preparing my Family Expositor for Northampton, Feb.2, 1750-51. the press, is something : but it is more MY DEAR AND WORTHY BROTHER that I ain bat one minister in the AND FRIEND,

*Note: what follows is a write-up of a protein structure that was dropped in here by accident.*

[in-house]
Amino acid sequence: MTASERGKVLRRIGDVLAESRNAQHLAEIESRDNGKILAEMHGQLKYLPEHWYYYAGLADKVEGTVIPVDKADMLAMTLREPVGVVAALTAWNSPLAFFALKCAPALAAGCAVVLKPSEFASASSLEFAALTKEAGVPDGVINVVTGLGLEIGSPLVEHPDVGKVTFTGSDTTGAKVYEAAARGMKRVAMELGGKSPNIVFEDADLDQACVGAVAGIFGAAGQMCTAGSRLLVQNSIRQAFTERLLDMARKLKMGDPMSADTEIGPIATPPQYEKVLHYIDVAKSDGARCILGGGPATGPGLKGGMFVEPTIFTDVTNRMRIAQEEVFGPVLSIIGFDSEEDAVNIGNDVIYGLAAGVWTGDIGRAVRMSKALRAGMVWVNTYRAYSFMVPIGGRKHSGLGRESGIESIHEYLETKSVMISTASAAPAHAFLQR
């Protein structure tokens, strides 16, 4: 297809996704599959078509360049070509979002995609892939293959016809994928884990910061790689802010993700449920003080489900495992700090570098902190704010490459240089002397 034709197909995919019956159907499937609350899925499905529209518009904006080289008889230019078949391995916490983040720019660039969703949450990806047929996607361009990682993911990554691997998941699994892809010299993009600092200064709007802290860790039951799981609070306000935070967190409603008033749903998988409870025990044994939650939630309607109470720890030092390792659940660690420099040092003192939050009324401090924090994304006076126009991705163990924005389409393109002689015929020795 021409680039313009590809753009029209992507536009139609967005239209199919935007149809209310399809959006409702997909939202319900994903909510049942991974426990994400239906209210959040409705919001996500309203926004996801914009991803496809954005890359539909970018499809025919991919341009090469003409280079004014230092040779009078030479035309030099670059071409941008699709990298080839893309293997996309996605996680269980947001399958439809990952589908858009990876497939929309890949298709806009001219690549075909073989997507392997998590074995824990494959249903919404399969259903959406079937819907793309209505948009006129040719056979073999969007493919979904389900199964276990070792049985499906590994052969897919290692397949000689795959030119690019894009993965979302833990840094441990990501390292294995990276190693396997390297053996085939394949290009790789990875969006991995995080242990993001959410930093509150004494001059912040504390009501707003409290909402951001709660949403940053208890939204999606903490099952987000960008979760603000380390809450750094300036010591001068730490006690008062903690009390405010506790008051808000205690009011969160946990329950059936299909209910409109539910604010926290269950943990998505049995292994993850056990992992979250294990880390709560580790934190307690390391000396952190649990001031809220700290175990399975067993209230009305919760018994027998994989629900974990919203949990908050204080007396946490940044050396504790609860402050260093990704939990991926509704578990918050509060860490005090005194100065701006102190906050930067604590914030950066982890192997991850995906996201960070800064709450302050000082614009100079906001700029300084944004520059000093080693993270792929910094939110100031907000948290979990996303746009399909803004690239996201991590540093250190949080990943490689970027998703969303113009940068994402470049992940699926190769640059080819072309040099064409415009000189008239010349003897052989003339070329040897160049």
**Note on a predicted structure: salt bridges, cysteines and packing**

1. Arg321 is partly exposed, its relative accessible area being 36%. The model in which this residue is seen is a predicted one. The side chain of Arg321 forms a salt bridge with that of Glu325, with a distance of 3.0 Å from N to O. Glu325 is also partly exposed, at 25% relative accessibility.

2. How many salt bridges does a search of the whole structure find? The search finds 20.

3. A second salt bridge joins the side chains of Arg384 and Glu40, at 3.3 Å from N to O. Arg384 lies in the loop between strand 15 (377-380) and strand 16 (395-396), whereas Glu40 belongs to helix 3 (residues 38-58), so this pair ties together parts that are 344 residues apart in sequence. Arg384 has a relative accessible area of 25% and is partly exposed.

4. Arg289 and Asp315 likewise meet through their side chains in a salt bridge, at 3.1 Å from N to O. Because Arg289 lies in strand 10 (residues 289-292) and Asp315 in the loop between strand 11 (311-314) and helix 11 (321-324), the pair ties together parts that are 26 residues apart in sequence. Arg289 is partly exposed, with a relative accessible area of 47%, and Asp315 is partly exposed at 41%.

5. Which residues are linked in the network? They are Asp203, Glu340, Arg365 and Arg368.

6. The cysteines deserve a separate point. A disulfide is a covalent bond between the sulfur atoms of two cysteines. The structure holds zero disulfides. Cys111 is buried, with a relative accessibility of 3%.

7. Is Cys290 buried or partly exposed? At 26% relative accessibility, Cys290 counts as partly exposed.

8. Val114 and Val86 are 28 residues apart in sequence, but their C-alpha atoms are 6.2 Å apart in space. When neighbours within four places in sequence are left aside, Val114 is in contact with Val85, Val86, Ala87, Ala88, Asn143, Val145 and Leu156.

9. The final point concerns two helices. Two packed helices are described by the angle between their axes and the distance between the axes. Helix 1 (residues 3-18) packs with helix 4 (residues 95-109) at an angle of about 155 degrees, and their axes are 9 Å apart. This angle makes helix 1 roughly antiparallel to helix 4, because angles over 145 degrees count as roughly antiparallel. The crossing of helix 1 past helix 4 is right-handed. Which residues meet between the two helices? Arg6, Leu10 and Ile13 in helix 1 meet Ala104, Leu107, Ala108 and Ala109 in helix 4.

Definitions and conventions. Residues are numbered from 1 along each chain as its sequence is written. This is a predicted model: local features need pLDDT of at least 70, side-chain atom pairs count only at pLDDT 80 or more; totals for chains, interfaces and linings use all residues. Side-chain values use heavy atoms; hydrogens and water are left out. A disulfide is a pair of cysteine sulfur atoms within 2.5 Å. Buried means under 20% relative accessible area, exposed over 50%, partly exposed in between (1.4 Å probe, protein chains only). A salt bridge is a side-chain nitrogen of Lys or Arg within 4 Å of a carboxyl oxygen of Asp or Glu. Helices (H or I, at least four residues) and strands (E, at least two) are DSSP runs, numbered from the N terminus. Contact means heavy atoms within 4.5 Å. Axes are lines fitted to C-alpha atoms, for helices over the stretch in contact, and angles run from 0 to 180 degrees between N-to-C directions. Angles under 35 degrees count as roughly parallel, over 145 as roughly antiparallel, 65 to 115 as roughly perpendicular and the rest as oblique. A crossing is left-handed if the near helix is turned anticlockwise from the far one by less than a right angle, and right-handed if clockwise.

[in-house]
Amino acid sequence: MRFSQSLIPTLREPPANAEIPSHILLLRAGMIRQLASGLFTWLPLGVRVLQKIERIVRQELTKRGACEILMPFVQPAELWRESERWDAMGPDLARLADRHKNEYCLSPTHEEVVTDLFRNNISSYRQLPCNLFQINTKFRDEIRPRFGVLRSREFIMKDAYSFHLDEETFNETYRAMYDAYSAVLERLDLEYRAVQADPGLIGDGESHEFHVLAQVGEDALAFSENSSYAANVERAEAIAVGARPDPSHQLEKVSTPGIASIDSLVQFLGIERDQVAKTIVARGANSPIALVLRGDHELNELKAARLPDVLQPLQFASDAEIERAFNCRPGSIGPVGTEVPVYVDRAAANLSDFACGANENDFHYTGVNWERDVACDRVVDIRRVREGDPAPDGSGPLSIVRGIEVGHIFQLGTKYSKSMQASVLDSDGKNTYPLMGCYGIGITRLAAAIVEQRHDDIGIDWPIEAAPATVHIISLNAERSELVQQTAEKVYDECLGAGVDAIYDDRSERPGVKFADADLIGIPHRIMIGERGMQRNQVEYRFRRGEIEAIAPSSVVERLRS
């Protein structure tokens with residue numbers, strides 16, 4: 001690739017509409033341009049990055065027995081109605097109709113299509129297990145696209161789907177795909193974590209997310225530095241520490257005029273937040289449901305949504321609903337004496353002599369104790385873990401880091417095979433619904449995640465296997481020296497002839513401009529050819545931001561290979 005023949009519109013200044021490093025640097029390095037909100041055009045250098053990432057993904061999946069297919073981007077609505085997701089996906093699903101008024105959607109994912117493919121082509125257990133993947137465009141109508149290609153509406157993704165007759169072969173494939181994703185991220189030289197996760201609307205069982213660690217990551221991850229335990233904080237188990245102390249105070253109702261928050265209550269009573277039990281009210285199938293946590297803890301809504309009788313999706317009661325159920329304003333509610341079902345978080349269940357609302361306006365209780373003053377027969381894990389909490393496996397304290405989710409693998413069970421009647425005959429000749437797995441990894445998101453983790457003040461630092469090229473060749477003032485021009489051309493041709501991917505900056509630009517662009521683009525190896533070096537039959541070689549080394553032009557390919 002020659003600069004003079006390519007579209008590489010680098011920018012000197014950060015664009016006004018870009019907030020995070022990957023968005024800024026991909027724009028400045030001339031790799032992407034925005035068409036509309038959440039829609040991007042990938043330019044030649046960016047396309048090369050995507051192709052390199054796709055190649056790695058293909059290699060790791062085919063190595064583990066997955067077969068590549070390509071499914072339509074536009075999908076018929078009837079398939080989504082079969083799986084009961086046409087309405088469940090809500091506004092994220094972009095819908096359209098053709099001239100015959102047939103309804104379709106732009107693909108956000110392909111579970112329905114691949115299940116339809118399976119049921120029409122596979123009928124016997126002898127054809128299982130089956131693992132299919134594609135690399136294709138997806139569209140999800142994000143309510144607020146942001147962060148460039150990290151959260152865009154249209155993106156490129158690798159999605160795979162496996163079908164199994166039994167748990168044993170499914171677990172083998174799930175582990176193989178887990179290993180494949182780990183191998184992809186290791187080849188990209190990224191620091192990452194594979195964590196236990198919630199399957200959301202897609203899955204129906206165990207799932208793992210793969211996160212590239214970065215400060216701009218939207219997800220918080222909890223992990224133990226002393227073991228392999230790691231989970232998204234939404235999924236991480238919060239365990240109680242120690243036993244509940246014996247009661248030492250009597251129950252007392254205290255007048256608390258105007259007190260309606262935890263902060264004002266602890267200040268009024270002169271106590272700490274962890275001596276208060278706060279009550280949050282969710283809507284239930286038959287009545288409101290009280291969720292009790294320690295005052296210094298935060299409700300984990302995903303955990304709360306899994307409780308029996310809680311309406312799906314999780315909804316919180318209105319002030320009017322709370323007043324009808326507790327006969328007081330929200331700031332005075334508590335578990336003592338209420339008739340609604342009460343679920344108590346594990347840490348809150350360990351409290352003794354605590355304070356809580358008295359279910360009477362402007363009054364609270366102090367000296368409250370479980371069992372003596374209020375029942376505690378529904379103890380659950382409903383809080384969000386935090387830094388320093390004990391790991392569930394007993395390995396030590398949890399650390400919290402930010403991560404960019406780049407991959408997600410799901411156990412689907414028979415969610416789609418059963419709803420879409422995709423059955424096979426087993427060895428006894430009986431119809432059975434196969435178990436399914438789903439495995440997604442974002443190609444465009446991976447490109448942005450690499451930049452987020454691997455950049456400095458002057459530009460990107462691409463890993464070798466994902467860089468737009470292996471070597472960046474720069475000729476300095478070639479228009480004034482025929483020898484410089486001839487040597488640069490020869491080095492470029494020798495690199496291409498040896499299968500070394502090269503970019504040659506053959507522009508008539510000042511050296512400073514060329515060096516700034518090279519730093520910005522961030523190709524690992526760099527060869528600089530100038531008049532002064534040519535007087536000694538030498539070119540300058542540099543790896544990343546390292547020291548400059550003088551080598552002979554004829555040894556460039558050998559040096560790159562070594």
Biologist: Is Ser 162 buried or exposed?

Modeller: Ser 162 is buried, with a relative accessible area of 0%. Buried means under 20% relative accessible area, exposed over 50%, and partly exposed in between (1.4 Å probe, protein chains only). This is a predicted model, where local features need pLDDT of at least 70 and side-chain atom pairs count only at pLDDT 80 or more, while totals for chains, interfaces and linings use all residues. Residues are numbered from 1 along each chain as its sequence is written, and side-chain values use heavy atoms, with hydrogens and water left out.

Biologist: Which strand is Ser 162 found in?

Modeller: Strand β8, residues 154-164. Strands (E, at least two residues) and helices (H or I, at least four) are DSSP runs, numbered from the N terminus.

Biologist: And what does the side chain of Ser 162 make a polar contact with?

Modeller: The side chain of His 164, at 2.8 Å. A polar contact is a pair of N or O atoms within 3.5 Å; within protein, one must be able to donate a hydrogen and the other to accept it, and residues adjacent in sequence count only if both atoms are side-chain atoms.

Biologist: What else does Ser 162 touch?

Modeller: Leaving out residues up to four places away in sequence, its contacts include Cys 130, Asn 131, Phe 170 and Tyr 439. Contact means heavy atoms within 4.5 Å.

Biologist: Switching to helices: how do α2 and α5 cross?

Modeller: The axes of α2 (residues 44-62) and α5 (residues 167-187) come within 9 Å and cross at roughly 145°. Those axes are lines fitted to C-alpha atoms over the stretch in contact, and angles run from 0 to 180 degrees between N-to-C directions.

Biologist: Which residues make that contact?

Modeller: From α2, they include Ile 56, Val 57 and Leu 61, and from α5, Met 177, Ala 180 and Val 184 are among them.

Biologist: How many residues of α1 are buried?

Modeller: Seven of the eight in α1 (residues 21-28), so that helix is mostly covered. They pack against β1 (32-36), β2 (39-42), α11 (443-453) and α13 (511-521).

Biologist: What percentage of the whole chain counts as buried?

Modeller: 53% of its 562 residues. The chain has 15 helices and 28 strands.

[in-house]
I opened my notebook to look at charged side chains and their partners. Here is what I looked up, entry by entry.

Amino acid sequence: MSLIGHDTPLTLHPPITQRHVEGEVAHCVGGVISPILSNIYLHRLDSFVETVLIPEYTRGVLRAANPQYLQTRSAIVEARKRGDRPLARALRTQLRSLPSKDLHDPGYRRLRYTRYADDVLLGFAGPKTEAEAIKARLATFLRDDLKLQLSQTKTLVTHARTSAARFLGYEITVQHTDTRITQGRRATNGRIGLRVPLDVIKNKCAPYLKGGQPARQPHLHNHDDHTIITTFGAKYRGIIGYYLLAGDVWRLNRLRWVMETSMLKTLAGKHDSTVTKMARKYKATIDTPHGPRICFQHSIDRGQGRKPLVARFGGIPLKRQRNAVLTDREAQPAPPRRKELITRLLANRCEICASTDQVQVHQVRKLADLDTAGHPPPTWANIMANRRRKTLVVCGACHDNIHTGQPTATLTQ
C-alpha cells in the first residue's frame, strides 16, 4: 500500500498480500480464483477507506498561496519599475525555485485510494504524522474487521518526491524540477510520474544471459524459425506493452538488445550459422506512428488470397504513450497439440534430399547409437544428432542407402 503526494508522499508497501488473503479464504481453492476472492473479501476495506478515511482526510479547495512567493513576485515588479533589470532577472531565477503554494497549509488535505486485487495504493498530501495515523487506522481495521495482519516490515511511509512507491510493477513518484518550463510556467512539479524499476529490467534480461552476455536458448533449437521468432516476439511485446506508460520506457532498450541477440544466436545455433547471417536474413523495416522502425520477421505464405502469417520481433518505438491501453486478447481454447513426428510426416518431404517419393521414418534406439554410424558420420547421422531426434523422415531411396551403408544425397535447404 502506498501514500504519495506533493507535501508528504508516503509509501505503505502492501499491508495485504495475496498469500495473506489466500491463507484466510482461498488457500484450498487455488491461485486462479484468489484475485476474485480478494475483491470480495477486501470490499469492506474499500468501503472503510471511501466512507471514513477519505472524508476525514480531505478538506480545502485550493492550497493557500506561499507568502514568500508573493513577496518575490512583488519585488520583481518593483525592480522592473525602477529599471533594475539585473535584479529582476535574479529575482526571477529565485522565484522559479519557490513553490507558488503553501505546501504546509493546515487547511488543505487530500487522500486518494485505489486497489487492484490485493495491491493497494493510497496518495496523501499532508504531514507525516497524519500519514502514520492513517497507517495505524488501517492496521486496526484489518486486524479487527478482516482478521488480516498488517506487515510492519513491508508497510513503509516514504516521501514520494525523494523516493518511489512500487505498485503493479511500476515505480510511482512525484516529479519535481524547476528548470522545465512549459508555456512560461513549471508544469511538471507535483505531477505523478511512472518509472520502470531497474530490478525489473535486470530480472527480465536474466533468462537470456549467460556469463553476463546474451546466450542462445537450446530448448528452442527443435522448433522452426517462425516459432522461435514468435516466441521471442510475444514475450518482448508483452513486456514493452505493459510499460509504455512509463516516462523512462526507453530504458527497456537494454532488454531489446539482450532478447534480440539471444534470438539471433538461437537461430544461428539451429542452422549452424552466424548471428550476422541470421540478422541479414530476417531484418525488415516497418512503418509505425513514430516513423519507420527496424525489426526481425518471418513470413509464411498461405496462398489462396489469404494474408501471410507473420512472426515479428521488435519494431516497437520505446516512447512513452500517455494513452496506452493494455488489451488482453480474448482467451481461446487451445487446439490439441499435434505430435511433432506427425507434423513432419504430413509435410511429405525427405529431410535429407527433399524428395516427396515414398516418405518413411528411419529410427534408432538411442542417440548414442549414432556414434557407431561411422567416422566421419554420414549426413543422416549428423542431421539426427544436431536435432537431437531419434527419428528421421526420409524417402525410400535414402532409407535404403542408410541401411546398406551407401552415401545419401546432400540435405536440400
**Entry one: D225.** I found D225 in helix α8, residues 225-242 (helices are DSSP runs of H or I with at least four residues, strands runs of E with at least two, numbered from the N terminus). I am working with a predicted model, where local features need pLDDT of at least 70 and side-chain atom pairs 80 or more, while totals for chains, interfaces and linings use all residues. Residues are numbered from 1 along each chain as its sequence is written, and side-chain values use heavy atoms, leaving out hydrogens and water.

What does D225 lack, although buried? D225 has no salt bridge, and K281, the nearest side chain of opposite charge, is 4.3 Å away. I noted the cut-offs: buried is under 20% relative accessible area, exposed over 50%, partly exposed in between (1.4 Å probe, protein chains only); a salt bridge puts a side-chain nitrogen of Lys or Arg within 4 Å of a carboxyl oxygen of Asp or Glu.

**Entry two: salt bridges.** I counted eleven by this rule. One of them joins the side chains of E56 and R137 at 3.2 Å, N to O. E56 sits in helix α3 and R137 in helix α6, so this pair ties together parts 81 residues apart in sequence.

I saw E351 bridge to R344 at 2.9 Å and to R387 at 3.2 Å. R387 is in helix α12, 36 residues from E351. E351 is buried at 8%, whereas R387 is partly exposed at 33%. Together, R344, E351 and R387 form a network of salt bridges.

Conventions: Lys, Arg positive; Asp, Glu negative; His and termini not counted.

country, and think it would be great TOUR letter received in a chaniber presumption 10 suppose that my and awakened my joy and my thank, should act under my direction. The fulness. Blessed be you of the Lord, plan that has offered itself to me is and blessed be your comsel; and may this. That you should go to London he in whose cause you bave exerted a as soon as you conveniently can, and zeal so truly Christian, not only ac consult with some of the principal cept it, as he undoubtedly will, butninisters of all denominations, paranticipate the reward that awaits you ticularly Mr. Barker, Dr. Guyse, Mr. above, by giving you now to see the Stennet and Mr. Burroughs. You see happy success of your scheme. I I take in General as well as Particular remeniber my faults this day. I have Baptists, and though I mention these read and heard a great deal of the four, whom 'I look upon as men of sufferings of our Protestant brethren distinguished wisdom and piety, I in France. I have conversed with not to exclude any others. those who saw their assemblies dis- You may if you think it will be of solved and their ternples ruined, their any avail communicate to them what dead bodies torn out of the graves and I now write, and you may know of given to the fowls of the air. I have them whether they in general approve read the letters of their pastors and of the design and will be ready to those of their martyrs, and the income join their counsel and efforts' for parable discourses of Superville and bringing it into execution. If they Saurin, which so pathetically repre- do approve it and will authorize me to sent their sufferings, and one of the do it, I will then apply to some of last was before me when your letter the principal. ministers of Edincanie ; and yet alas ! I have in a great borough, and to the Earl of Leaven measure forgotten the afflictions of and Commissioner of the General AsJoseph ; and now and then a tran. sembly, acquainting them with what, sient prayer for them, the telling of is working in our hearts, and desiring their sad sorrows (with a few tears) they would attempt to procure a mowhich I have often done to my pupils; tion in the Assembly for a day of children and friends, has been all the fasting and prayer on their account to fruit of my compassion; while you, be ordered throughout Scotland : and but I will say no more of that, by the if timely notice be given of it, I think grace of God you are what you are, the influence of those gentlemen menand I hope his grace will be more tioned above, in concurrence with abundant to you to preserve this thing several leading men in the country, to upon the imagination of the thonghts whom with this foundation we may reaof your heart and to guide your coun sonably apply, will certainly make it as sel' with regard to it. And to me! general a thing as we can reasonably trust your letter will not be entirely suppose any thing of this sort among in vain : it has in some measure the Protestant Dissenters can be; and awakened iny compassion and my our concurrence with our þrethren of prayers, and you will find me ready the Scotch establishment, for whom as io act in my little sphere to promote an establishment those of our own the good end you propose. I have have something of a regard, will considered of the matter seriously, and make the thing less exceptionable, I have looked up to God for direction And on this foundation it may also in it, and the result is this.